Creating Community in Your Classroom: 4 Conditions

4 Conditions for Creating Community in the Classroom

Most teachers I talk to agree that we need to create strong communities in our classroom. Now a few teachers do claim that relationships in the classroom don’t matter much, and that we should focus on the content of the class. However, even they concede that creating community helps with classroom management and that creating a sense of belonging is not a bad thing.

However, we also know that helping students get to know each other is a slippery thing. While some students love a good icebreaker where they share a fact about themselves, others are reticent. Being forced to share too much personal information may drive them away from the group in fact. I know a teacher who started classes with a hula-hoop activity. A lot of students loved the chance to play and be silly in class. Others felt that the activity was a sign the teacher wasn’t serious about academics. So how do you bring your students together and make them feel like a community?

Having put out a book of icebreakers and getting to know you activities, I get a lot of feedback about conditions for an activity to break the ice in class and build rapport. And my big a-ha moment came when I realized I didn’t want to just break the ice. I didn’t want kids to just talk to each other. And I didn’t want to just have students feel kind of good about coming to my class because I’m a nice guy and the other students are pretty nice, or at least polite with each other. I wanted to create community.

Creating Community

So what’s the difference between a classroom where everyone follows the rules and the teacher is a good guy, and a classroom with a sense of community? It may sound like a cop-out to say that you know a community when you see it. However, it’s really my way of saying that there is no one definitive set of criteria. Here are some of the things I’ve seen in classrooms where the students feel there is a strong sense of community and rapport.

  • students asking each other for help
  • open and meaningful discussions between teachers and students
  • students enforcing the rules themselves
  • students listening and agreeing or disagreeing respectfully
  • tasks done with a sense of interest, not resignation
  • students trying, and sometimes failing, to use new language items

You can see that the signs of a community can also be illustrations of the benefits. In a strong community, you see students taking risks with language, which is a benefit to creating community.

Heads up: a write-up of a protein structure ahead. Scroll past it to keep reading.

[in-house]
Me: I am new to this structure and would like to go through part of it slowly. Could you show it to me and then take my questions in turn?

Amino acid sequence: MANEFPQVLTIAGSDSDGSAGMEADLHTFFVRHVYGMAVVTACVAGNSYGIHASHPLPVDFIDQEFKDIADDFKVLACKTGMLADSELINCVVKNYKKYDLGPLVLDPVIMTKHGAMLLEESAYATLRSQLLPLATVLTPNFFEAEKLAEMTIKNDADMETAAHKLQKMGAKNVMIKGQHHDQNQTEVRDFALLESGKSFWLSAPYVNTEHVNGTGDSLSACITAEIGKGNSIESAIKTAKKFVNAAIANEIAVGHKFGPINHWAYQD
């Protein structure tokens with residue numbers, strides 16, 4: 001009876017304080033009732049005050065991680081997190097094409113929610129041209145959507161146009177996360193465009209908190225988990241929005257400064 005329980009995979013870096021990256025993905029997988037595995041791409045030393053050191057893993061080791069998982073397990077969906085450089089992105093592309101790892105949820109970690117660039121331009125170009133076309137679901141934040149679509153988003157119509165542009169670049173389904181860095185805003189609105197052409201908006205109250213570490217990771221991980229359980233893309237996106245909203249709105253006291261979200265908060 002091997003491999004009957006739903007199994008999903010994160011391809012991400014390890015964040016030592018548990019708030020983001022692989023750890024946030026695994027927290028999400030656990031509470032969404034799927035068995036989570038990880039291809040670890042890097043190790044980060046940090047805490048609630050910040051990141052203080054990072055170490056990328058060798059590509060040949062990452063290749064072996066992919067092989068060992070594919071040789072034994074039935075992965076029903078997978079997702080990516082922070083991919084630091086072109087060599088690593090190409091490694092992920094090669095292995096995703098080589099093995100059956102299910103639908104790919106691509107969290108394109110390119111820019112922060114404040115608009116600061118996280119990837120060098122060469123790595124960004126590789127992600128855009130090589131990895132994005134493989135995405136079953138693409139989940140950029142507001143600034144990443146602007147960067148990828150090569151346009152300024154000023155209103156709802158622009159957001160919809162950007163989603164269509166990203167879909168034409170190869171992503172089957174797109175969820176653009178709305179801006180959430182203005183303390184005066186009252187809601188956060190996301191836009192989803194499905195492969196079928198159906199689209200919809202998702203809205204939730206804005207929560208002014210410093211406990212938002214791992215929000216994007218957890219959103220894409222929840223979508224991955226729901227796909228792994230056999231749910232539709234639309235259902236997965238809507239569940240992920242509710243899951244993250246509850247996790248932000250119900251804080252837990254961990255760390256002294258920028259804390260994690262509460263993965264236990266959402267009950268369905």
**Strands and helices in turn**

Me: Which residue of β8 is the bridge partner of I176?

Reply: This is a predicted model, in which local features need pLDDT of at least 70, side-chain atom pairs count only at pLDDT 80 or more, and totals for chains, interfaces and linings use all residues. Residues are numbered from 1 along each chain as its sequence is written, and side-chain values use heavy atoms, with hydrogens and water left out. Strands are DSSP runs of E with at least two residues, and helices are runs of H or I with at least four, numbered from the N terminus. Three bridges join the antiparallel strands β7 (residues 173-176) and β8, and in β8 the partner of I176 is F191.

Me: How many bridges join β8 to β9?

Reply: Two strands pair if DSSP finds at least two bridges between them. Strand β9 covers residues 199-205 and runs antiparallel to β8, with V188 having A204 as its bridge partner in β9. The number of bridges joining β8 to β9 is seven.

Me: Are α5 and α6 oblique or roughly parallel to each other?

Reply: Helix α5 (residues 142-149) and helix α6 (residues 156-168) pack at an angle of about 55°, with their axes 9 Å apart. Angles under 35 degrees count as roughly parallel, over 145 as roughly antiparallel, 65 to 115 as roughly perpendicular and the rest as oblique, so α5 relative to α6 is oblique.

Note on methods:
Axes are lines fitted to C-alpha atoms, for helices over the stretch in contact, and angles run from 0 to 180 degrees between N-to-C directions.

Conditions for Creating Community

So what are the four conditions for creating community in your classroom?

  1. A clear and meaningful task
  2. Freedom to make decisions about how to accomplish that task
  3. The need to work together as a team
  4. The risk of failure

A clear and meaningful task

Students have to want to work on the task for the task to truly bring them together as a team. The task cannot be busy work. Make sure your students understand why you are having them do the activity. Is it to learn a new skill? Or practice a set of vocabulary? Or to become familiar with a particular tool or technique? Ensure that the goal is desirable to the students, that the activities align with the goal, and that they understand how the task meets that goal.

For students to be able to work together on a task, the task also needs be clear. hey need to know exactly what the task is. All parameters, expectations, and objectives should be clearly spelled out. They can’t throw themselves into work if they feel that there’s some information they don’t have or they aren’t totally sure whether they are on task or not.

Freedom to make decisions

While the parameters of the task should be clear, there also needs to be room for students to think about how they will accomplish the task. If the students are doing routine tasks that require few decisions, or if there’s only one right way to do the task, there’s no need for the students to really work together. In a complex task with multiple paths to success, individual students will find a place where they shine, whether it be a talent for a particular aspect of the task or leadership and facilitation skills. They will rely on each other  to complete the work and be forced to find ways to work together and get along. They will practice teamwork skills without realizing it because they are being forced to make decisions and support each other at every turn.